43. Schneider KJ, Scheer M, Suhr M, et al. Ethanol administration impairs pancreatic repair after injury. Pancreas. 2012;41(8):1272-1279. https://doi.org/10.1097/MPA.0b013e31824bde37.

    44. Hung CL, Chang SC, Chang SH, et al. Genetic polymorphisms of alcohol metabolizing enzymes and alcohol consumption are associated with asymptomatic cardiac remodeling and subclinical systolic dysfunction in large community-dwelling Asians. Alcohol Alcohol. 2017;52(6):638-646. https://doi.org/10.1093/alcalc/agx049 .

    45. Ren J, Wold LE. Mechanisms of alcoholic heart disease. Ther Adv Cardiovasc Dis. 2008;2(6):497-506. https://doi.org/10.1177/1753944708095137 .

    46. Ballester M, Martí V, Carrío I, et al. Spectrum of alcohol-induced myocardial damage detected by indium-111-labeled monoclonal antimyosin antibodies. J Am Coll Cardiol. 1997;29(1):160-167.

    47. Kähkänen S, Zvartau E, Lipsanen J, et al. Effects of alcohol withdrawal on cardiovascular system. Prog Neuropsychopharmacol Biol Psychiatry. 2011;35(2):550-553. https://doi.org/10.1016/j.pnpbp.2010.12.015 .

    48. Renault A, Mansourati J, Genet L, et al. Cardiomyopathies dilatées en insuffisance cardiaque sévère chez des éthyliques chroniques: Évolution clinique après sevrage complet [Dilated cardiomyopathies in severe cardiac failure in chronic alcoholics: Clinical course after complete withdrawal]. Rev Med Interne. 1993;14(10):942. https://doi.org/10.1016/S0248-8663(05)80064-5 .

    49. Estruch R, Fernandez-Sola J, Mont L, et al. [Reversibility of alcoholic myocardiopathy with abstinence: Presentation of 2 cases]. Med Clin (Barc). 1989;92(2):69-71.

    50. Mahmoud S, Beauchesne LM, Davis DR, et al. Acute reversible left ventricular dysfunction secondary to alcohol. Can J Cardiol. 2007;23(6):475-477. https://doi.org/10.1016/s0828-282x(08)70561-0.

    51. Otero-Antón E, González-Quintela A, Saborido J, et al. Prolongation of the QTc interval during alcohol withdrawal syndrome. Acta Cardiol. 1997;52(3):285-294.

    52. Lukoshiaviciute AI, Stasiukinene VR. Narusheniia serdechnogo ritma i provodimosti u bol'nykh khronicheskim alkogolizmom [Disorders of heart rhythm and conduction in patients with chronic alcoholism]. Kardiologiia. 1989;29(11):111-113.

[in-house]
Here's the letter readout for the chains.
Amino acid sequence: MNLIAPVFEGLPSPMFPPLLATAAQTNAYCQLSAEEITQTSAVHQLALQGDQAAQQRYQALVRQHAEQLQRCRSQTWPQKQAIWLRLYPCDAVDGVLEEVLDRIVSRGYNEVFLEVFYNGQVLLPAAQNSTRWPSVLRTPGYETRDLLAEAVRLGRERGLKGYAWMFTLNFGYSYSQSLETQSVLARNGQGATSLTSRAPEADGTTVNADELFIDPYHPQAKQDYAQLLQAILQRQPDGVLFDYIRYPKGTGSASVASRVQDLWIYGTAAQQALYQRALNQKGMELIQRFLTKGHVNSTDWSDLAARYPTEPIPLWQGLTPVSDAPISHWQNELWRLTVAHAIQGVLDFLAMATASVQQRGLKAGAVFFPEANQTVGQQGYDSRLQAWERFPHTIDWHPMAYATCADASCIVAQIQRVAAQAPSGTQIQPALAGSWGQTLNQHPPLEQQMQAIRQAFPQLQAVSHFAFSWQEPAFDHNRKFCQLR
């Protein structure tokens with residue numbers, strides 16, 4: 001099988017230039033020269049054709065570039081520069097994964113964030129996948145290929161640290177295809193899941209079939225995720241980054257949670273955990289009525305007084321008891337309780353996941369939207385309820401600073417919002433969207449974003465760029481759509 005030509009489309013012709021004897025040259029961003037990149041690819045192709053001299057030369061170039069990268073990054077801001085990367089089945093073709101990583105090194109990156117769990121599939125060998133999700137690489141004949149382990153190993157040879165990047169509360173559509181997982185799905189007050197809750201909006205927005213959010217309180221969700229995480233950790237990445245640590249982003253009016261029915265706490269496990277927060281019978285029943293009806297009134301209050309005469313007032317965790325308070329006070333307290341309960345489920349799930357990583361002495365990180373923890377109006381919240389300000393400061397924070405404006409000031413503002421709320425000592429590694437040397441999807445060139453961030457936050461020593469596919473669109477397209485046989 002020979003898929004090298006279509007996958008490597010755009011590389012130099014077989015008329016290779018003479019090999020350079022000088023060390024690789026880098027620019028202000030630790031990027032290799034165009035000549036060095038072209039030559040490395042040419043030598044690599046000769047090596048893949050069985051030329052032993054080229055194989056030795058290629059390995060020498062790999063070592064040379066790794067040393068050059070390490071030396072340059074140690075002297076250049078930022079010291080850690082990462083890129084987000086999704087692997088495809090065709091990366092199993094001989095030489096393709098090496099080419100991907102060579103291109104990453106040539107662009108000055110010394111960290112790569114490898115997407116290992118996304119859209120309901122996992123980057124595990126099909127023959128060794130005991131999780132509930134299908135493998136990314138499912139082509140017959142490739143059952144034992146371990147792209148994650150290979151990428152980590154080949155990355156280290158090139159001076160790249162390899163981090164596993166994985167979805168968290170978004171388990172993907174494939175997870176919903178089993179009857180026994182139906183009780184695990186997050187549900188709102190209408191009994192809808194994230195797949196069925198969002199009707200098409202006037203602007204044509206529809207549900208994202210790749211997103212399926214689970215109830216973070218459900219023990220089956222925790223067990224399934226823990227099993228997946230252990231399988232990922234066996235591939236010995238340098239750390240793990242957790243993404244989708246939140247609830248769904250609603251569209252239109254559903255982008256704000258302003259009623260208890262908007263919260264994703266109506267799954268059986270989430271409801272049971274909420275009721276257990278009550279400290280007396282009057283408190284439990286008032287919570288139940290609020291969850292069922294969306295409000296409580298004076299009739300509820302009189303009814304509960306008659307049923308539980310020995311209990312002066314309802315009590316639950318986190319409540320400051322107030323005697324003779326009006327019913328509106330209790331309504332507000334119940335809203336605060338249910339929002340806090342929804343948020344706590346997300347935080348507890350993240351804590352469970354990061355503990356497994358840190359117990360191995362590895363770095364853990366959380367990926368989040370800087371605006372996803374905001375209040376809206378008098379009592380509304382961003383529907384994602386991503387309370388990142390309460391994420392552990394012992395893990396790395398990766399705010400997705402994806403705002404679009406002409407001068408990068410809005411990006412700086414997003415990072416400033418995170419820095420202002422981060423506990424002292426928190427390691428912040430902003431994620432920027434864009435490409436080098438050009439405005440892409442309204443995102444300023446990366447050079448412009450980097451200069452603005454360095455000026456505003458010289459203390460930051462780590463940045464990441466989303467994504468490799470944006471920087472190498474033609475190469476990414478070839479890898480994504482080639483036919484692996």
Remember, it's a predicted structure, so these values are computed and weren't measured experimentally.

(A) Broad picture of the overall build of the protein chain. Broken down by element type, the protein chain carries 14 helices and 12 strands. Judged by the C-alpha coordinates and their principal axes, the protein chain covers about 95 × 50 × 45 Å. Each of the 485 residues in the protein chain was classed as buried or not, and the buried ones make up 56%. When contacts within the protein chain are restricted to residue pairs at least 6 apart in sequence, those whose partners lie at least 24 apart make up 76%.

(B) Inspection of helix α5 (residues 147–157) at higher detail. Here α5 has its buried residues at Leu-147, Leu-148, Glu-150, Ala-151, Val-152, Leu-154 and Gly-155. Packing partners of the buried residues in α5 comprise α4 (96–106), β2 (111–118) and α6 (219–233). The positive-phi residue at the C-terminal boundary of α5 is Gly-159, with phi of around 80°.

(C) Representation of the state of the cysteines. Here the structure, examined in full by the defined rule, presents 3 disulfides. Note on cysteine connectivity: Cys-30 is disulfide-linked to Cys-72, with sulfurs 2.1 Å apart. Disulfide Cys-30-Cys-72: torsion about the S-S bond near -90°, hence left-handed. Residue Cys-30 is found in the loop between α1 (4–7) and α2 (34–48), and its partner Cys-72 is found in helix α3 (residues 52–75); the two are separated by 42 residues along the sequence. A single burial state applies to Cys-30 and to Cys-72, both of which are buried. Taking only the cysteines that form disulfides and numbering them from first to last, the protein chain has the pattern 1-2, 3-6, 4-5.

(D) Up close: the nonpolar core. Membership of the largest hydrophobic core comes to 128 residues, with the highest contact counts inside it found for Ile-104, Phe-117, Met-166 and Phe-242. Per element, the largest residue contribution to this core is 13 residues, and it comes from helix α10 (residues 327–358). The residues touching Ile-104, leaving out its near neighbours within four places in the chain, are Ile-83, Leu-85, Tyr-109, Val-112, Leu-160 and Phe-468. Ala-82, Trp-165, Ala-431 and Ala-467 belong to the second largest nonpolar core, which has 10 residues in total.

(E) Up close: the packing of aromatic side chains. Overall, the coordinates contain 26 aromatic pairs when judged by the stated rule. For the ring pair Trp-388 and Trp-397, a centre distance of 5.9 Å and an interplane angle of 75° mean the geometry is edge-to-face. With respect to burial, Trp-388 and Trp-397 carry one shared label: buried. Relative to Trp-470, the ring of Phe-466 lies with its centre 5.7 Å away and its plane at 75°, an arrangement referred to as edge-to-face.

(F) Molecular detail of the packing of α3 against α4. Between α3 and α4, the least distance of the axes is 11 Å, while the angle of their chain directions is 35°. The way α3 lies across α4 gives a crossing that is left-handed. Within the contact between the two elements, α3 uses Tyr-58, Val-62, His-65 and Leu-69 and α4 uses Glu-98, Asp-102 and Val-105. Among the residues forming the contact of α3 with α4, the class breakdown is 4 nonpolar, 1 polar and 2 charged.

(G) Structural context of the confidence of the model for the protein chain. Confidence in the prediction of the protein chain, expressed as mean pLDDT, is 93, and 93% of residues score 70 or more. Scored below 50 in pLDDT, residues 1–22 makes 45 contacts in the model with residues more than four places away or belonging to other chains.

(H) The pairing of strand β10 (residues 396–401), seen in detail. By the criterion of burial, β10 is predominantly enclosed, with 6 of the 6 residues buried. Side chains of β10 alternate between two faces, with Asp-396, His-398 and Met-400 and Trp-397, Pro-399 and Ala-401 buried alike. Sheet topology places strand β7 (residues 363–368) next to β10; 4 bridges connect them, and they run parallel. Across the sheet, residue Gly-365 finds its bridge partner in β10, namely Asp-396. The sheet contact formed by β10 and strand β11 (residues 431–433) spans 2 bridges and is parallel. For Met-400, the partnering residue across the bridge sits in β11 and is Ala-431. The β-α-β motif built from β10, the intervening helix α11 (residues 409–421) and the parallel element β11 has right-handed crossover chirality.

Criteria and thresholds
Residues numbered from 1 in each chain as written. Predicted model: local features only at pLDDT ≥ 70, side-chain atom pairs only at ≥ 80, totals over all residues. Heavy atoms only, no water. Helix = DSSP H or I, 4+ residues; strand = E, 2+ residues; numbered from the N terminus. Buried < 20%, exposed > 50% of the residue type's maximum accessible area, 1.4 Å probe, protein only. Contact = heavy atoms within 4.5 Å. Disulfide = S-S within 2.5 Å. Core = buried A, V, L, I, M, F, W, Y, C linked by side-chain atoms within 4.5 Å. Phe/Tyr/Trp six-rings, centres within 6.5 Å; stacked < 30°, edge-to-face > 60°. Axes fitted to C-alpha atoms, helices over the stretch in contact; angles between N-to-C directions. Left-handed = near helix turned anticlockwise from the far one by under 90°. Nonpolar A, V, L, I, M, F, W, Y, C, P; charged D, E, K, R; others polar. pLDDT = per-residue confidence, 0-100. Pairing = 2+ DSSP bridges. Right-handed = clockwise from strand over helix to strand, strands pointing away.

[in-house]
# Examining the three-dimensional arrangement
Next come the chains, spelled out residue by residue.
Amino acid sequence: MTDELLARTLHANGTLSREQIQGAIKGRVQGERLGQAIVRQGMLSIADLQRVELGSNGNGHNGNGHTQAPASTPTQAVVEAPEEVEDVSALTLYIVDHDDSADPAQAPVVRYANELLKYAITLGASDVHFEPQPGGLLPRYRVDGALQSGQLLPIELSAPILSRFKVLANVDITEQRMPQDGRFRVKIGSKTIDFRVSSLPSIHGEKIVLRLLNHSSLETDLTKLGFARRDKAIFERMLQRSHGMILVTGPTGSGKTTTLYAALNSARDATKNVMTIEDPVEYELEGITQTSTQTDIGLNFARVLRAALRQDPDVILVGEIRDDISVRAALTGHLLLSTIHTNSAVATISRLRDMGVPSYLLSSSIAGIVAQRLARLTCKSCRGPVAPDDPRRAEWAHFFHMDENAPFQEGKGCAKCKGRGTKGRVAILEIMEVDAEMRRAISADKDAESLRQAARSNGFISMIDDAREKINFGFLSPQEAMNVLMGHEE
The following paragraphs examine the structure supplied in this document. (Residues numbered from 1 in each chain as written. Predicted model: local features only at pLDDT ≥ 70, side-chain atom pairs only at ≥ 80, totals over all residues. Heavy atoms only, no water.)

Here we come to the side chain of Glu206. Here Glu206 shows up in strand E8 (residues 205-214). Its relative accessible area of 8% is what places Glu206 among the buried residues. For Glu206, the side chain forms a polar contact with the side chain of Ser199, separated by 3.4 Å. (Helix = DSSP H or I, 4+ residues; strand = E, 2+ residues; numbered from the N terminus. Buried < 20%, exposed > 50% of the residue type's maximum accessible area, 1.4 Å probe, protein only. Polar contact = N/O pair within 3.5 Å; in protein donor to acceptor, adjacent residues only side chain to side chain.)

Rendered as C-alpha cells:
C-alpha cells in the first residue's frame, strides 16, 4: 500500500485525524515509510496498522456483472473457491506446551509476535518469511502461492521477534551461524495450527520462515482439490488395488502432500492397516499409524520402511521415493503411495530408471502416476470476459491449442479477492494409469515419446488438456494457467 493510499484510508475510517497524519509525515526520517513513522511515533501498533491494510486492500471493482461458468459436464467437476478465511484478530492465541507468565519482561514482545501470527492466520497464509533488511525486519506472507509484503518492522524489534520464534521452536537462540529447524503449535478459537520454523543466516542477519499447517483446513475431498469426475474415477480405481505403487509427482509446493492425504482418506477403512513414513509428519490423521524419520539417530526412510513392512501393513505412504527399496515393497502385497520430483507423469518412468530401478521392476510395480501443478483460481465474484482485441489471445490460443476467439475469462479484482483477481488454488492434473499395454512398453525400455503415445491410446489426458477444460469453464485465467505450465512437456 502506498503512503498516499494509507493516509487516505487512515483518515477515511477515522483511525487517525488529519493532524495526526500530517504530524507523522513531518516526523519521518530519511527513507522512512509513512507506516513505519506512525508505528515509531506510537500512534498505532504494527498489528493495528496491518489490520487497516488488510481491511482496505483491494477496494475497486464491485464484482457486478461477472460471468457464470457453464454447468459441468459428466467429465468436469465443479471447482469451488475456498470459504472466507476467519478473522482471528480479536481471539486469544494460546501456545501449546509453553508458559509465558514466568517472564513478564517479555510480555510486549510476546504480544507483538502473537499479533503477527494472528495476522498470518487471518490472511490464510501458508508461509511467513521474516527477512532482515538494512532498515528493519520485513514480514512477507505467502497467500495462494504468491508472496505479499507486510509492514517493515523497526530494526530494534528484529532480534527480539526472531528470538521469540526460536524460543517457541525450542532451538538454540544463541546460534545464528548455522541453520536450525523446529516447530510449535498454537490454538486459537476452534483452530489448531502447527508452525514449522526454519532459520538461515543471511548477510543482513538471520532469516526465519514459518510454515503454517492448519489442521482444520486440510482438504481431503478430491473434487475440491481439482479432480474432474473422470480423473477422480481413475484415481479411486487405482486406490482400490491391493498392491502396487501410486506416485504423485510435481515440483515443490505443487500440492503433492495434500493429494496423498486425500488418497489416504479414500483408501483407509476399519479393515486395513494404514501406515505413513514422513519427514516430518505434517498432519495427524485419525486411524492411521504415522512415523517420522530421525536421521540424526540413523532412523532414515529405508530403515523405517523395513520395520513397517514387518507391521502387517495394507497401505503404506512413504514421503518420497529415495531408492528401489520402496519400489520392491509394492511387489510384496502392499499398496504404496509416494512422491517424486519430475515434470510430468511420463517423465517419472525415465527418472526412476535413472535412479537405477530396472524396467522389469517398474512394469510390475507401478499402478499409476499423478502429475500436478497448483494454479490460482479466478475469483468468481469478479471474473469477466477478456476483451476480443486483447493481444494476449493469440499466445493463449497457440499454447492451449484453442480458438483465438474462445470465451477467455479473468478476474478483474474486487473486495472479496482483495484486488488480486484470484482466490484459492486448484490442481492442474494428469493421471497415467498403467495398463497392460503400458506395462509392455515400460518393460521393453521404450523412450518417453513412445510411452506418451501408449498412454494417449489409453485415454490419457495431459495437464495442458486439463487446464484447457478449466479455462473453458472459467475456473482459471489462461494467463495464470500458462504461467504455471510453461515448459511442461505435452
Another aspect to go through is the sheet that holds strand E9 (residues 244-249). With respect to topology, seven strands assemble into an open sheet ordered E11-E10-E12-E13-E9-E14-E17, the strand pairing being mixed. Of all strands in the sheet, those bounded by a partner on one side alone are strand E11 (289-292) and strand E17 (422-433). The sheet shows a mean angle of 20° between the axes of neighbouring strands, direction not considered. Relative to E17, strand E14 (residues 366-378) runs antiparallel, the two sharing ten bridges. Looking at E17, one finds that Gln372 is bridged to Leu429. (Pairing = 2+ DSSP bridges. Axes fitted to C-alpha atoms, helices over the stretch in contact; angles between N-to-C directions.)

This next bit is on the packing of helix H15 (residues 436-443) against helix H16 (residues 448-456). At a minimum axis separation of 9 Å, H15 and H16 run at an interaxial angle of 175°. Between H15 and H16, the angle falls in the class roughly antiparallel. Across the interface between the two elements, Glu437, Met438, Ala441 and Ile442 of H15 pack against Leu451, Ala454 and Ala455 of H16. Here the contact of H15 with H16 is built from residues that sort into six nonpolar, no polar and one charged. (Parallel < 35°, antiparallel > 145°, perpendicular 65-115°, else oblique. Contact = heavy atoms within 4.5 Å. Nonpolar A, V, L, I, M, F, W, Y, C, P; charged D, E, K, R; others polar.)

53. Cao X, Yu S, Wang Y, et al. Effects of the (pro)renin receptor on cardiac remodeling and function in a rat alcoholic cardiomyopathy model via the PRR-ERK1/2-NOX4 pathway. Oxid Med Cell Longev. 2019;2019:4546975. https://doi.org/10.1155/2019/4546975 .

    54. Pepersack T, Fuss M, Otero J, et al. Longitudinal study of bone metabolism after ethanol withdrawal in alcoholic patients. J Bone Miner Res. 1992;7(4):383-387. https://doi.org/10.1002/jbmr.5650070405 .

    55. Gonzalez-Calvín JL, Garcia-Sanchez A, Bellot V, et al. Mineral metabolism, osteoblastic function and bone mass in chronic alcoholism. Alcohol Alcohol. 1993;28(5):571-579.

    56. Jaouhari J, Schiele F, Pirollet P, et al. Concentration and hydroxyapatite binding capacity of plasma osteocalcin in chronic alcoholic men: Effect of a three-week withdrawal therapy. Bone Miner. 1993;21(3):171-178. https://doi.org/10.1016/S0169-6009(08)80228-0 .

    57. Nyquist F, Ljunghall S, Berglund M, et al. Biochemical markers of bone metabolism after short and long time ethanol withdrawal in alcoholics. Bone. 1996;19(1):51-54. https://doi.org/10.1016/8756-3282(96)00110-X .

    58. Marrone JA, Maddalozzo GF, Branscum AJ, et al. Moderate alcohol intake lowers biochemical markers of bone turnover in postmenopausal women. Menopause. 2012;19(9):974-979.

    59. Chakkalakal DA, Novak JR, Fritz ED, et al. Inhibition of bone repair in a rat model for chronic and excessive alcohol consumption. Alcohol. 2005;36(3):201-214. https://doi.org/10.1016/j.alcohol.2005.08.001 .

    60. Mercer KE, Sims CR, Yang CS, et al. Loss of functional NADPH oxidase 2 protects against alcohol-induced bone resorption in female p47phox-/- mice. Alcohol Clin Exp Res. 2014;38(3):672-682. https://doi.org/10.1111/acer.12305 .

    61. Chen JR, Lazarenko OP, Shankar K, et al. Inhibition of NADPH oxidases prevents chronic ethanol-induced bone loss in female rats. J Pharmacol Exp Ther. 2011;336(3):734-742. https://doi.org/10.1124/jpet.110.175091 .

    62. Duryee MJ, Dusad A, Hunter CD, et al. N-acetyl cysteine treatment restores early phase fracture healing in ethanol-fed rats. Alcohol Clin Exp Res. 2018;42(7):1206-1216. https://doi.org/10.1111/acer.13765 .

    63. Asrani SK, Mellinger J, Arab JP, et al. Reducing the global burden of alcohol-associated liver disease: A blueprint for action. Hepatology. 2020. https://doi.org/10.1002/hep.31583 .

    Cite this as: Alcohol Res. 2021;41(1):05 https://doi.org/10.35946/arcr.v41.1.05